The family and I were at Home Depot over the weekend, and near the BBQ section there was a big sign advertising tailgating. I leaned up against it and whispered, “28 more days...28 more days”. I know some of you are about ready to pop because you just need to get there—to smell the grass mixed with the grilling on the golf course, taste your first burger, and see your first touchdown. I know how you feel. The tickets came in the mail the other day and I have to say, the cover with the jersey with our last name on it was pretty bad ass.
It brought to mind some of the game day traditions we have—the stop for french fries or other snacks on the way so we don’t get hungry waiting for Lot H to open, the very specific snacks we have to bring for our tailgate or we’ll jinx the whole darn thing, and of course, the core group of people we bring with us without whom our tailgate would be entirely different.
Then I started thinking about other universities, and how in other areas of the country, football is life. High school football stadiums in Texas look like semi-pro facilities, and they are the very definition of Friday Night Lights. I began researching traditions at other universities and found some pretty cool pre-game and game day traditions that have survived decades. Seven traditions because seven points is what I want to see on every possession. Take a look and see for yourself.
A&M has a tradition that many have heard of called the Midnight Yell. They gather at the stadium the night before, and practice cheering for the team the following day. This event draws 40-50,000 people, and is definitely an explanation for the noise level that people come to expect at Kyle Field.
University of South Carolina.
Ah, yes. The USC we don’t have to hate. I have to say, the name of this one is absolutely hilarious, but when you see what it is, it’s actually pretty awesome. About 50 yards away from Williams-Bryce Stadium is the Cockaboose Railroad, which consists of 22 train cars that you can rent out and tailgate in for the games. While it looks like a train on the outside, each train car has flat screen TV‘s, a kitchen, a roof-top deck, and a fully updated interior.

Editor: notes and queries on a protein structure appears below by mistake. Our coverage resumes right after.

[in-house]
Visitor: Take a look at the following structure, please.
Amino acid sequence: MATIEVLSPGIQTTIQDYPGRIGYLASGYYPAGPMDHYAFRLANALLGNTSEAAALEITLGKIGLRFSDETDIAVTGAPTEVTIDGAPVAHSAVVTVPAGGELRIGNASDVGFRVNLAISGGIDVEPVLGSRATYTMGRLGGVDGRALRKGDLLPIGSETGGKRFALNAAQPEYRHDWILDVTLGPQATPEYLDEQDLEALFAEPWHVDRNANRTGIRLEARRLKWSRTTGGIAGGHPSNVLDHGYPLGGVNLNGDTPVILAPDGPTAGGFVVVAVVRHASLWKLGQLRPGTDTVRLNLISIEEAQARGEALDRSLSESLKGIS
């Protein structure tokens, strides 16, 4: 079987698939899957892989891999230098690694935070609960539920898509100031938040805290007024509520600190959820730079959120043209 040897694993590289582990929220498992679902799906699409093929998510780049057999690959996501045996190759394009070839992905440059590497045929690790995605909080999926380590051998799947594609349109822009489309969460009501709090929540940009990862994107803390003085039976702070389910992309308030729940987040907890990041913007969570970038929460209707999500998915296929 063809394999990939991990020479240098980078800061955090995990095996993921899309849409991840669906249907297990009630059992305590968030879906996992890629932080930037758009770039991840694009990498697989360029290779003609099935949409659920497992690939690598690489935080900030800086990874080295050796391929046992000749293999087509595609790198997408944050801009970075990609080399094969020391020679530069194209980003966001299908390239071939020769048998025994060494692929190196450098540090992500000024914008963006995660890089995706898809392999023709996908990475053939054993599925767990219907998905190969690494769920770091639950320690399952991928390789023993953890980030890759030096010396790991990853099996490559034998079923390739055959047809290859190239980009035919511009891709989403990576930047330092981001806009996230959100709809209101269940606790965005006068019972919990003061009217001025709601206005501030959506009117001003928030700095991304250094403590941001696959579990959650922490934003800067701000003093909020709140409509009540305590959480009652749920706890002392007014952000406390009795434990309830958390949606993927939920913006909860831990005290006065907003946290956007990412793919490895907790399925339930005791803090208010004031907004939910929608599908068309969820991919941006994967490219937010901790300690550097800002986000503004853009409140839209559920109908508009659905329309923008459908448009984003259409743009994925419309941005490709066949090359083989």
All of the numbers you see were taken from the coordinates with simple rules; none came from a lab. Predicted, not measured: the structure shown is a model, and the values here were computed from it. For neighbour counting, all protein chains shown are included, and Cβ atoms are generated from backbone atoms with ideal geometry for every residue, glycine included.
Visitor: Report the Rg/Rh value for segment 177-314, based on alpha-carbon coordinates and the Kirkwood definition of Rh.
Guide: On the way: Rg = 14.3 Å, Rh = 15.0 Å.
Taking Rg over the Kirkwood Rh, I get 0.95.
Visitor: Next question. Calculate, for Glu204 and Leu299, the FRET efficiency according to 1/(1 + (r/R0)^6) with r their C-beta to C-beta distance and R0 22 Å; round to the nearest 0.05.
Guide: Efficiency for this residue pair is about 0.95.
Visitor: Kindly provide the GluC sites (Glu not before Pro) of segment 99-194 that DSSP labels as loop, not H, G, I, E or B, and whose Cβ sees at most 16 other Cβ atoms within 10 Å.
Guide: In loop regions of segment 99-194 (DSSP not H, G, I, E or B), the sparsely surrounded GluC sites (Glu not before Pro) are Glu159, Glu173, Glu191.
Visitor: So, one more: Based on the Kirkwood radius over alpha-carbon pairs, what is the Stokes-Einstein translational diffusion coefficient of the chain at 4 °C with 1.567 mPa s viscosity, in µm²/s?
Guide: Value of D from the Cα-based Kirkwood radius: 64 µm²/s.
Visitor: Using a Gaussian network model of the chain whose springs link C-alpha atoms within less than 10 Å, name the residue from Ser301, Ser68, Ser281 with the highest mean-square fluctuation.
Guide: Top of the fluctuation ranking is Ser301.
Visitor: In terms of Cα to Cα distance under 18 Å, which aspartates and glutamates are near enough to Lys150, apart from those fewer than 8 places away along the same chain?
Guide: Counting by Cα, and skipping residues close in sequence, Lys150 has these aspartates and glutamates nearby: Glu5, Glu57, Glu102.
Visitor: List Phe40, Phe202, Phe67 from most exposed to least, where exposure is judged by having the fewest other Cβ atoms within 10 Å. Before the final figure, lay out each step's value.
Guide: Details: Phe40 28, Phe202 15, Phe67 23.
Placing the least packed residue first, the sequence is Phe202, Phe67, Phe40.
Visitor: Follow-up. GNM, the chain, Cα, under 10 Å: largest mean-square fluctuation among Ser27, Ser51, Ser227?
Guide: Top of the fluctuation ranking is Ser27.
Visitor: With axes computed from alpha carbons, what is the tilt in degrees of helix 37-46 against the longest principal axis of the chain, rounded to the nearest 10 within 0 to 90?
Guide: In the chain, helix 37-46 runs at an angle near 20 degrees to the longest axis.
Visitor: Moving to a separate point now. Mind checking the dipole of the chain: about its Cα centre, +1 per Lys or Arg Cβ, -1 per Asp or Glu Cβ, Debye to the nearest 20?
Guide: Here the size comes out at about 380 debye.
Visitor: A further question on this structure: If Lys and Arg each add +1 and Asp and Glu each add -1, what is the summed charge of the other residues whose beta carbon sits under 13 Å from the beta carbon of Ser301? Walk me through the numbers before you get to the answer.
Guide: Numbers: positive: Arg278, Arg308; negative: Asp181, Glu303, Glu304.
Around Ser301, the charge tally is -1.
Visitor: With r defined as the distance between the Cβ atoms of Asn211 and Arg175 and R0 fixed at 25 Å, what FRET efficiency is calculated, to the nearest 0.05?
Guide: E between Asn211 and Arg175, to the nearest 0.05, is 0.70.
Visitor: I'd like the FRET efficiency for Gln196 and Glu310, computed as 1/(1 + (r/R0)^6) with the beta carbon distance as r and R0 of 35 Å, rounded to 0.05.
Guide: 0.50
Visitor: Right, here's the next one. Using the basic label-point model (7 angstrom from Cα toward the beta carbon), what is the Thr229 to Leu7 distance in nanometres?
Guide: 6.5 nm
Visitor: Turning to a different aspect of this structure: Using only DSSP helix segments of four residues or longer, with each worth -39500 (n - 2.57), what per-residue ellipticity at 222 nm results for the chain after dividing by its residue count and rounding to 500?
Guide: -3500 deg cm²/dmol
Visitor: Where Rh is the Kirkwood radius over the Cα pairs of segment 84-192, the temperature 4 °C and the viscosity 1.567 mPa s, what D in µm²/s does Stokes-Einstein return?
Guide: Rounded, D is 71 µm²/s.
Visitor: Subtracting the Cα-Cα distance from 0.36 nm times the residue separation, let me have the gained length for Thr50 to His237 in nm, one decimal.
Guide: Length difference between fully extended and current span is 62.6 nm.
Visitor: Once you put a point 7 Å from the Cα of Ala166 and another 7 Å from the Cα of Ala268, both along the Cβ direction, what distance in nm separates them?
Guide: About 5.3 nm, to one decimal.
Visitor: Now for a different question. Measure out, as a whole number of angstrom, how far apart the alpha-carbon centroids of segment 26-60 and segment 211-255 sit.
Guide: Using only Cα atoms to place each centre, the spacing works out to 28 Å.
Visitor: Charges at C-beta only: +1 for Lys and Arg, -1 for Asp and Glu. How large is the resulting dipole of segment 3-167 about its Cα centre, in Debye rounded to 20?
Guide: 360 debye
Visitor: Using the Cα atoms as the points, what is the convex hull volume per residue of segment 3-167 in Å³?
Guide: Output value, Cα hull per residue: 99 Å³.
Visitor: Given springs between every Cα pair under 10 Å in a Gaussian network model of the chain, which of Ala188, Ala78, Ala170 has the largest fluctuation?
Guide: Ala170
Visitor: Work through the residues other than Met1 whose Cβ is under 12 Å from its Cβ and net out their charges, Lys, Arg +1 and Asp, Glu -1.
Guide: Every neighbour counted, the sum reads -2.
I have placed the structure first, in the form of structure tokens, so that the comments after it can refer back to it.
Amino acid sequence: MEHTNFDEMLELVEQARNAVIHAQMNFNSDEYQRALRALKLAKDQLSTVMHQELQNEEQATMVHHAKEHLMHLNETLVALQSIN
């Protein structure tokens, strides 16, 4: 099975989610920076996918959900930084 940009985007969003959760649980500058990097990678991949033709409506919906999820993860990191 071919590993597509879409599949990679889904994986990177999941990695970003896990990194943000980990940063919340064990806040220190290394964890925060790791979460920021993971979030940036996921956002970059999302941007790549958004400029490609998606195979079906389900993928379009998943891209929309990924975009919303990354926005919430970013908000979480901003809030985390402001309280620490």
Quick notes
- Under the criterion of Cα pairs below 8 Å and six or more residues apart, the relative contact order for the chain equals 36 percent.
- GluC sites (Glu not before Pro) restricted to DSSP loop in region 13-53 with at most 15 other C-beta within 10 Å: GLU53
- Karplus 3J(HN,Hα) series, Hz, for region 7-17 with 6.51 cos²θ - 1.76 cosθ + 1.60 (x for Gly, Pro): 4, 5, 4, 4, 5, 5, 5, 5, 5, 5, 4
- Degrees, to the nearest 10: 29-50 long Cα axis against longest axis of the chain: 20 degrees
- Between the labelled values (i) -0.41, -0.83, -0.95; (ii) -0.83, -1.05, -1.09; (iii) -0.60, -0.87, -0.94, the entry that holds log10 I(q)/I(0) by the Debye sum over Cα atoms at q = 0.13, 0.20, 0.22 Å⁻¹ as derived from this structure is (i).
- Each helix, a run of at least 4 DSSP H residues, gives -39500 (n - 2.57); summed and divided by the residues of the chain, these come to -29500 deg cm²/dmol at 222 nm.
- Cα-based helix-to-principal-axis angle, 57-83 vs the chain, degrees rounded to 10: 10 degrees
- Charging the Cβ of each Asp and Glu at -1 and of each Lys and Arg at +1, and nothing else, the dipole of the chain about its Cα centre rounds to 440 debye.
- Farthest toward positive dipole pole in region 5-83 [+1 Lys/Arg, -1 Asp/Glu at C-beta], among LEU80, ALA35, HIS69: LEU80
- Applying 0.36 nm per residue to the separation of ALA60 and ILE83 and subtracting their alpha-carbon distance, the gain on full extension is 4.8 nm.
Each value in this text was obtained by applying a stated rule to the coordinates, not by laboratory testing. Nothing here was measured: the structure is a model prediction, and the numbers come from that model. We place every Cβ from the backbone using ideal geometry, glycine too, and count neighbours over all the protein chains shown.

University of Tennessee and University of Washington
If you want to tailgate but also get some fishing in, look no further than these two schools. Both stadiums are close to harbors, which allows fans to take their tailgating festivities to an entirely new level on the water. Tennessee calls these folks the Vol Navy and Washington has dubbed their group Husky Harbor. I’m not sure if you could actually catch your dinner while you’re tailgating, but it sure sounds like a challenge some of my friends would be up for.
Ohio State and Michigan
If you’re into rivalries, you probably watch this game every year even if you don’t care who wins. It’s always entertaining, and like most rivalry games, the outcome can be unpredictable. One tradition for Ohio State students is the midnight plunge into Mirror Lake the week before the game. This might not sound like that big of a deal, but this game usually takes place in mid to late November, so it’s not exactly swimming weather. This explains why most jump in fully clothed.
If you cringe at the thought of wasting paper and making a mess in public, you’ll have to look away at this one. After Tiger victories, toilet paper will adorn the landmark Toomer’s Corner, the famed intersection of College Street and Magnolia Avenue, which also happens to be the anchoring corner of Auburn’s campus. Paper was used until 1972 when toilet paper was introduced, I’m guessing because it would cover more ground and have more staying power then sheets of paper.
This one is both creepy and cool. While we’ve all taken mementos form special trips and places we want to remember, Florida State fans have been stealing sod from opponents’ fields and burying it since 1962, when a FSU professor challenged the team to bring back some grass from their match with Georgia. A tradition was born and a cemetery now has it’s place on campus.
A little over 40 years ago, Georgia Tech tried to put an end to their annual rivalry with Clemson, which really upset Tiger fans. To show their displeasure, Clemson fans took out $2 bills from all the local banks and stamped them with orange Tiger paws to show the economic impact of their fan base. To this day, Clemson fans still bring this currency to away games to leave their mark on opposing teams’ towns.
24 days until kick off...